Plants make up so much of our world. When was the last time you truly were thankful for their existence? You may not realize it but without plant life, there would be no life at all. Every living thing has a purpose in the big picture. We fail to think about the things we consume without consideration, from the paper that we write on, to the food we eat, even the furniture we use daily. Everything in our lives exists because of plants, even down to the air we breathe. Gardening is a way to feed not just our bodies, but our souls as well.
 Be thankful for every day that you breathe in the fresh air, drink fresh water and eat fresh food.  Just take a moment to appreciate every plant you see on your way to work or out your back window, as each of them has played a part in another day of your own existence.

3 Holiday Recipes That Will Soon Be Your Favorites.

We all have our favorites when it comes to holiday meals. Maybe it's Aunt Mona's sour cream pound cake or grandma's turkey and stuffing, No matter what your favorite is, let us introduce you to 3 new recipes that will quickly become everyone's favorite. You might even get some requests for them in between the holidays.

 Crustless Pumpkin Pie

1 - 15 oz can of pumpkin
1- 12 oz can of evaporated milk
2 eggs
3/4 cup sugar
1/2 cup Bisquick or any biscuit mix
2 T. butter
2 tsp vanilla
1 1/4 tsp. ground cinnamon
1 tsp. ground ginger
1/2 tsp. ground nutmeg

Mix pumpkin, evaporated milk, eggs, and sugar in a mixing bowl. Mix on medium speed until smooth. Add melted butter, vanilla, ginger, cinnamon, and nutmeg. Mix well. Add Bisquick. Mix at medium speed until smooth.
Pour batter into a 9-inch pie dish (preferably a deep one). Fill as full as possible.
Bake at 350 for 55 to 60 min., until a knife inserted into the middle comes out clean.
Allow cooling and then refrigerate.
Serve with whipped cream if desired.

 Green Bean Casserole

6 strips of bacon, fried crisp and crumbled
1/2 onion diced
1 1/2 cups chopped button mushrooms or any mushroom you prefer to use
3 cloves of garlic minced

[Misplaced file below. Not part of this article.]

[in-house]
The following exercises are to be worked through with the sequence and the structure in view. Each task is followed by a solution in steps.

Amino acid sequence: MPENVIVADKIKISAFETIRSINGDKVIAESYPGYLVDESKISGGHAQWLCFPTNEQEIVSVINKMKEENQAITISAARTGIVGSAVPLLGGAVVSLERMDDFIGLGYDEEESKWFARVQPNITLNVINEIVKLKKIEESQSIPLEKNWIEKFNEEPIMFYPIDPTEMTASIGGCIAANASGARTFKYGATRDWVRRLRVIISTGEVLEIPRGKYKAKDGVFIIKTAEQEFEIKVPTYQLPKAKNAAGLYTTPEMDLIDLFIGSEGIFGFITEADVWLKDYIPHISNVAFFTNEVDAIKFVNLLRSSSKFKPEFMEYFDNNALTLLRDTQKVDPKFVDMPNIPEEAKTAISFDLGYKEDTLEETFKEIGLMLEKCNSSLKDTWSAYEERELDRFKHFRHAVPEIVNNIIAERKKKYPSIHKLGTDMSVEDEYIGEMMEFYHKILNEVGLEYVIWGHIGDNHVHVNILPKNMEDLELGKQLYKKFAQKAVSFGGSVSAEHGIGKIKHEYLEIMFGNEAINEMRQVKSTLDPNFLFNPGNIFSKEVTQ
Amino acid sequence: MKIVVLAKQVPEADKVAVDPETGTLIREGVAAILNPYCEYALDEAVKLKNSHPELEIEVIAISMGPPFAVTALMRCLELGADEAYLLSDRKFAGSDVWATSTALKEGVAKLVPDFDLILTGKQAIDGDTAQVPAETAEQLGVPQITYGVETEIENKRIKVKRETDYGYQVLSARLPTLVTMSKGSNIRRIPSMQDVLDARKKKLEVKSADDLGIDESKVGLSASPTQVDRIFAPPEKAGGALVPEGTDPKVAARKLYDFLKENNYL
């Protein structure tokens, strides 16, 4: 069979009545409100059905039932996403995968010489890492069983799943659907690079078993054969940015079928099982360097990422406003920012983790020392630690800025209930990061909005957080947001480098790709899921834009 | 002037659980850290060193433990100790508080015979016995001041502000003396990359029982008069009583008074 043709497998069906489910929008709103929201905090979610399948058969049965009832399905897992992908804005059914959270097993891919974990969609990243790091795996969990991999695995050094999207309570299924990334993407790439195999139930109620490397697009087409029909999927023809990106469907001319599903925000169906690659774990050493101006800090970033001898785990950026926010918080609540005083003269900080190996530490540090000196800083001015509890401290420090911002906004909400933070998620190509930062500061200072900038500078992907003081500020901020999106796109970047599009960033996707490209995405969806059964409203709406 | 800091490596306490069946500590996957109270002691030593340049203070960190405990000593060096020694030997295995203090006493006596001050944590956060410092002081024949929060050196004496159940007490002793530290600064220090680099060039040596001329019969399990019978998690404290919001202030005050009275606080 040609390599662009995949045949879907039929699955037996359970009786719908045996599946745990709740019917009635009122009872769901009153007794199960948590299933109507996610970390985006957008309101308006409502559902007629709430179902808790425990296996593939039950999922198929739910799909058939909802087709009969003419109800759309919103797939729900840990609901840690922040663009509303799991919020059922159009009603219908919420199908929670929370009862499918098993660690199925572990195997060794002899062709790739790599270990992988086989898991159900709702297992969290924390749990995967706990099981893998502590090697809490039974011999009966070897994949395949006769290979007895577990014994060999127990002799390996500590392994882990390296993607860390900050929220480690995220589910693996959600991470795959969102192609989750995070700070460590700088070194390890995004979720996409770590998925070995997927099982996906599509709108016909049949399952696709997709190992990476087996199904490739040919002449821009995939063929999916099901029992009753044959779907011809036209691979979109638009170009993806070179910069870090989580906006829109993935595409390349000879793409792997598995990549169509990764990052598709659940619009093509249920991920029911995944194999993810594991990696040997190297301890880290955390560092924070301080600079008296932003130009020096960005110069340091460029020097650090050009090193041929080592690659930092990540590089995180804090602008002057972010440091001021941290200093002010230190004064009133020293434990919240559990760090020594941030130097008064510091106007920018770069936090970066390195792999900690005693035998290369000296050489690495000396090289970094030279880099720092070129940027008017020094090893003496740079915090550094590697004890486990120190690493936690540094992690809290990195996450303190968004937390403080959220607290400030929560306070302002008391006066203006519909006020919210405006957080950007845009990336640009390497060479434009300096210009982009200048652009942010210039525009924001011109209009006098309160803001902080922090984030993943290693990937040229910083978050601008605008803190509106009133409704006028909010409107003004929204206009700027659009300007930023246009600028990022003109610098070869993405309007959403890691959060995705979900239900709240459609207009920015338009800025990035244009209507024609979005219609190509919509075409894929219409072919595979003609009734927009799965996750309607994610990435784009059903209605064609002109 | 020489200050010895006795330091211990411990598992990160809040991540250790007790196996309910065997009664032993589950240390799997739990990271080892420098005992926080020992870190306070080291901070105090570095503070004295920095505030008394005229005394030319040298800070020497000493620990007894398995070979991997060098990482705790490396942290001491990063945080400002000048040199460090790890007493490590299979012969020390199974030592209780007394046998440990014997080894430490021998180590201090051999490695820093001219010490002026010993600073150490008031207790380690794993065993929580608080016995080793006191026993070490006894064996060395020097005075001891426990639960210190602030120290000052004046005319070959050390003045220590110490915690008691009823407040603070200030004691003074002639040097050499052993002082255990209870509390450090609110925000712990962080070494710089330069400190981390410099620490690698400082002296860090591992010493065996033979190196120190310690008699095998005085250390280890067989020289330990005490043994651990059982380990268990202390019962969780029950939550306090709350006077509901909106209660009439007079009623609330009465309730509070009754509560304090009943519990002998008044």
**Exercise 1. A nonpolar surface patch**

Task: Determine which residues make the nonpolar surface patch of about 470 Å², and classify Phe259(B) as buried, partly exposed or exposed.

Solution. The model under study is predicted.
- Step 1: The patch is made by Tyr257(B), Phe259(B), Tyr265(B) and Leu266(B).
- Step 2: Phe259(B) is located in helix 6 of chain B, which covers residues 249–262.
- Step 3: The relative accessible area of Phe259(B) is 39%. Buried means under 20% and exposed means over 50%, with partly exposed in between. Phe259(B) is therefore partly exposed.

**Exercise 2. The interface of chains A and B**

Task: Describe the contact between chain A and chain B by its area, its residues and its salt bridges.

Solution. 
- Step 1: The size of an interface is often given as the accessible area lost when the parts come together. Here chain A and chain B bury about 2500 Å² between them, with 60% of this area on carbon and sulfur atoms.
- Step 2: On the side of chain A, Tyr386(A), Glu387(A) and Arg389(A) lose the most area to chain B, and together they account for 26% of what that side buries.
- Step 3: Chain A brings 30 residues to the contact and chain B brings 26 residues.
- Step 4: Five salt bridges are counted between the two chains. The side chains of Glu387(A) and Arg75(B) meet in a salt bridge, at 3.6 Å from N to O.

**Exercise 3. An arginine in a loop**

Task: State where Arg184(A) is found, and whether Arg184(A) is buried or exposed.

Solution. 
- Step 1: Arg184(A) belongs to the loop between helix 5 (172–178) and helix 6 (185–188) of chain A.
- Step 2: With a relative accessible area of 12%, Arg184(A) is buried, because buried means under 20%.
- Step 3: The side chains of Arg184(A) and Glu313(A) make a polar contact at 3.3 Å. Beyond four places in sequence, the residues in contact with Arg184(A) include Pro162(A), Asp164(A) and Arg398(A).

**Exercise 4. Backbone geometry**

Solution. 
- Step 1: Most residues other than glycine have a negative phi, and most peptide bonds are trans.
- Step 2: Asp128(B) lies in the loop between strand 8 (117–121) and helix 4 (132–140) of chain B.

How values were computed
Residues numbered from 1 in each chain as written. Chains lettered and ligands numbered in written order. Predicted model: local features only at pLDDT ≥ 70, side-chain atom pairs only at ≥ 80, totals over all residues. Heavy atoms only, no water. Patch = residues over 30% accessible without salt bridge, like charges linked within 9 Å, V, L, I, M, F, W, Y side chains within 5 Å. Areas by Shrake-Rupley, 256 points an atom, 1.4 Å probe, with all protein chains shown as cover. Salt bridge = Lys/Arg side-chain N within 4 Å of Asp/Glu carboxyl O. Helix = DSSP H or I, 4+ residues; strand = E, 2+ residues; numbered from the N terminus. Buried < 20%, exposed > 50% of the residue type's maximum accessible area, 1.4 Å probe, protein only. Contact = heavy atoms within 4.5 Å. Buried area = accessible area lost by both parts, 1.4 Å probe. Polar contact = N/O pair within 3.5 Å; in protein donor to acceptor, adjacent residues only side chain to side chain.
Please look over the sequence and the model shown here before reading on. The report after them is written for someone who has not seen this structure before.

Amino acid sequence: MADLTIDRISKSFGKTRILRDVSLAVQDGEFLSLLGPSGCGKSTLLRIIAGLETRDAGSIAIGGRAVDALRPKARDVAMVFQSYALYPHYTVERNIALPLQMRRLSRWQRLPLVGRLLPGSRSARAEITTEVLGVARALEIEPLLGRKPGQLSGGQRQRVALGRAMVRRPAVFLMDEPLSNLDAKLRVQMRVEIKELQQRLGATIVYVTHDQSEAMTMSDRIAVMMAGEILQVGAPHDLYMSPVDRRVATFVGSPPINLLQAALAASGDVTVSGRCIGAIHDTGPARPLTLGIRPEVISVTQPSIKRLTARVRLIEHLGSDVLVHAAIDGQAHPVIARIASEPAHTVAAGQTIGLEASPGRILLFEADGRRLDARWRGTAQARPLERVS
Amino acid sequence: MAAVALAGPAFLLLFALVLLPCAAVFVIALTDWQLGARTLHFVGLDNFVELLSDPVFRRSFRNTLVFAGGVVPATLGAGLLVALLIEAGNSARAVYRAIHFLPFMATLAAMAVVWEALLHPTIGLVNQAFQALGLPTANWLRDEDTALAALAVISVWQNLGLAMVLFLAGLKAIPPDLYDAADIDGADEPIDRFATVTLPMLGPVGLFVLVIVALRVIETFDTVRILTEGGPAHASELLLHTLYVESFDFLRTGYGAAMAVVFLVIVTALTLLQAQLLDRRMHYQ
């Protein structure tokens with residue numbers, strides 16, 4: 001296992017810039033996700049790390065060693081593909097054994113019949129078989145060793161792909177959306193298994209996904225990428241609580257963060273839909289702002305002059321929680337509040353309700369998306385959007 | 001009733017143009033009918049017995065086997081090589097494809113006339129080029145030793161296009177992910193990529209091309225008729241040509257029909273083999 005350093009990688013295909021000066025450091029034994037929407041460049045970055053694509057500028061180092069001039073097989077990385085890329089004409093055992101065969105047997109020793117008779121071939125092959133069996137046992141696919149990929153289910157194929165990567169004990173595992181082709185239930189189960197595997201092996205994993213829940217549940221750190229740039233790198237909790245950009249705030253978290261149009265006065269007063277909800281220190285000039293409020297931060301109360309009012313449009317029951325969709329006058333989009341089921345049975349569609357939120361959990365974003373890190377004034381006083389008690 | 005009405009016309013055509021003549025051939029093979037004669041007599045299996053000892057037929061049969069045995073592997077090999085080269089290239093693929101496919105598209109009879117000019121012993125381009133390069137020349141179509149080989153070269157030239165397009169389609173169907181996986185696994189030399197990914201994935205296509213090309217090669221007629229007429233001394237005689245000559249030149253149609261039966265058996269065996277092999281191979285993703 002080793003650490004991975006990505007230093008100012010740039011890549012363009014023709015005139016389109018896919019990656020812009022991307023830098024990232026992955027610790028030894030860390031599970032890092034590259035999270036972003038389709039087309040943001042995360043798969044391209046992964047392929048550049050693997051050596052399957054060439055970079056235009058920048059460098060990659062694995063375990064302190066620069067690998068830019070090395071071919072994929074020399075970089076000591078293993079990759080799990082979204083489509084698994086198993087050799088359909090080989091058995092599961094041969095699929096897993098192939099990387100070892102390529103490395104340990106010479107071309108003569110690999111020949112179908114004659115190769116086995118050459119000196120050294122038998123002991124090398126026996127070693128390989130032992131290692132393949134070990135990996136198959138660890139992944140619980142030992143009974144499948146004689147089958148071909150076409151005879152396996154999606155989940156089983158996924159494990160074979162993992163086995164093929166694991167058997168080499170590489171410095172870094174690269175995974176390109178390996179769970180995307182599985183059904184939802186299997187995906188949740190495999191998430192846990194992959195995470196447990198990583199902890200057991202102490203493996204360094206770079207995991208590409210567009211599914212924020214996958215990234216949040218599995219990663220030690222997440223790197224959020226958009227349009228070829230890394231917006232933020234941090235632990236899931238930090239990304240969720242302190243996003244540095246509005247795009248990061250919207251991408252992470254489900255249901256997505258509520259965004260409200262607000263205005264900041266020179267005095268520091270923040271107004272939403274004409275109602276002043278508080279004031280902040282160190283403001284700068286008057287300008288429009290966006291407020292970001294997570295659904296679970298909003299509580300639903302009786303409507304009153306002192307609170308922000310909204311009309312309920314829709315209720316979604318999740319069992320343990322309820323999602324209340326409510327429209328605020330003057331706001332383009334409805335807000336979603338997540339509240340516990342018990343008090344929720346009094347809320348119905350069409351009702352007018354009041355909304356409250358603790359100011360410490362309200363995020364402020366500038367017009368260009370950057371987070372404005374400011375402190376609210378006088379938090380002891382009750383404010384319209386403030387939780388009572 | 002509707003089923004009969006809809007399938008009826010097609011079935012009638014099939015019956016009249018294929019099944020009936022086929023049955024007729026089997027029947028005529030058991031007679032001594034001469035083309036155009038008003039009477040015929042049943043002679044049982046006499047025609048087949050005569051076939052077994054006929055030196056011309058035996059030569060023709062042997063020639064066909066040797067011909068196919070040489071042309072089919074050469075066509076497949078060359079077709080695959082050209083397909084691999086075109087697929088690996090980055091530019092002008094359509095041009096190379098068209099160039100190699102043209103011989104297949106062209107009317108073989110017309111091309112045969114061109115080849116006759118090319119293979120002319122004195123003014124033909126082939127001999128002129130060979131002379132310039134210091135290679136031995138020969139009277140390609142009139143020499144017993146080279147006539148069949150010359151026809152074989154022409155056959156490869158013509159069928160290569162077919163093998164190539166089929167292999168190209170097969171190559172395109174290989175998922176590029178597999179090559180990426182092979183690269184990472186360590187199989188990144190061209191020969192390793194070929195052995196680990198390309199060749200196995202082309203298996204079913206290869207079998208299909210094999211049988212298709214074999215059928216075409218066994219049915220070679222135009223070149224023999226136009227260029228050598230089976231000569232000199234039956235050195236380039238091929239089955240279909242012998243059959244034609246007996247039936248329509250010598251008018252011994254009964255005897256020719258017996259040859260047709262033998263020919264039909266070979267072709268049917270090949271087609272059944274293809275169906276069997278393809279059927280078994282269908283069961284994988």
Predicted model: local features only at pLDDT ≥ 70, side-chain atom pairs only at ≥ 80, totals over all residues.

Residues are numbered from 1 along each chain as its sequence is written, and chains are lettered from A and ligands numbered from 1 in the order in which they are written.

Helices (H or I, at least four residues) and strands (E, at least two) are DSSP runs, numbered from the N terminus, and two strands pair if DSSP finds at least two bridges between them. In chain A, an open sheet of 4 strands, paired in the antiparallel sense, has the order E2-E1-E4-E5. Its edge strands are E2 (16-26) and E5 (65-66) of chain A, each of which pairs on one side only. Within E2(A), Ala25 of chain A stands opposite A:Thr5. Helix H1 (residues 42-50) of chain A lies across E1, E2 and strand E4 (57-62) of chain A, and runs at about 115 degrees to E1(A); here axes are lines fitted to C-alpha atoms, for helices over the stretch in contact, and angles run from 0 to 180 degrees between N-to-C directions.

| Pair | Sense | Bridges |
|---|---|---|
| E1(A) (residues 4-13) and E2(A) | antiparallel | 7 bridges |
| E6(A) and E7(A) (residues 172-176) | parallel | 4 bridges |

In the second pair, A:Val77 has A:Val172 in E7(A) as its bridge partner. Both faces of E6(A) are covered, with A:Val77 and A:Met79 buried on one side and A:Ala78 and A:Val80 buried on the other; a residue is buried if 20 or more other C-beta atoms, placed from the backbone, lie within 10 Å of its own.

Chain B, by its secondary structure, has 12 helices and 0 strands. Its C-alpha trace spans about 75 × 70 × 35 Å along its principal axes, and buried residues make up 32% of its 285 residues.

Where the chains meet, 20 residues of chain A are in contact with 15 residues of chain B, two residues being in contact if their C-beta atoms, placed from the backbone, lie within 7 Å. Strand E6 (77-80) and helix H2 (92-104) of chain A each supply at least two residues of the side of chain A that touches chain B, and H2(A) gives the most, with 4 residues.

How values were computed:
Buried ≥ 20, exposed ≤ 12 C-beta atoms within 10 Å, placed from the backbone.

2- 10.5 oz cans cream of mushroom soup
1/4 cup milk
1 cup shredded Monterey Jack cheese
salt and pepper
4- 14.5 oz cans of cut green beans, drained
1 1/2 cups french fried onions

Preheat oven to 350.
Lightly spray a 13x9 baking dish.
Saute onions and mushrooms in bacon drippings.
Add minced garlic and cook for 1 minute.
Stir in undiluted mushroom soup and add the crumbled bacon. Stir to combine.
Stir in milk and cheese until cheese is melted. Add salt and pepper to taste.
Fold in the green beans. Pour the mixture into the prepared baking dish. Top with fried onions.
Bake uncovered for 30 minutes.

Cranberry Salad

1- 6oz. pkg cherry jello
1 1/2 cups boiling water
1 T grated orange peel
juice and pulp of 1 orange
1 large can crushed pineapple undrained
1 can of whole berry cranberry sauce
1/2 cup chopped pecans

Dissolve jello in boiling water. Add cranberry sauce to jello. Add peel, pulp and juice, pineapple, and pecans.
Place in refrigerator in a 9 x 12" dish until set.

Feel free to send us your own favorite recipe at info@mitchellsnursery.com

November chores

Gardening Chores for November

November brings most plants to dormancy and is the prime time to get things in order for the spring that will breathe new life back into our gardens and yards.
Most perennials are now dormant, so you can safely clean them up by removing all the dead or dying foliage or if they are totally brown, you can now cut them back to just above the ground.
 Do not cut your roses back until they have shed all of their leaves for the season. Do not cut back spring-flowering shrubs until after they bloom in the spring. If you cut them back now, they will not bloom in the spring. Your evergreen plants will not need a trim until just before new growth starts in the early spring, so they won't look butchered all winter. They need foliage to make food through photosynthesis this winter so they will not starve.
Now is the prime time for planting your trees and shrubs. The cooler temps and the much-needed rain has finally set the stage for a great planting season ahead. Plants may be planted any time now through winter as long as the ground isn't frozen. When it does freeze, it doesn't stay frozen long. To see our video on How to Plant a Tree CLICK HERE.
 Now that plants are going dormant, you will want to stop fertilizing. Plants will not be using the nutrients right now. You may resume fertilizing in the spring when they are coming out of dormancy.
If you planted a cold crop garden you may want to clean up your plantings by removing any drying or yellowing leaves and pull out any late growing weeds.
 Planting trees and shrubs? Right now is an ideal time. However, even if your plant is dormant you will still need to make sure that the soil around your new planting stays consistently moist.  You won't need to water quite as much as you would if the plant was still in its active growing stage but water is still very important to get your new planting acclimated to its new surroundings. Do not fertilize at this time, but a good planting mix containing manure will help get the plant off to a good start.
 You should see the fruits of your labors from your cold crops now as they should all be producing vegetables or nearing this stage.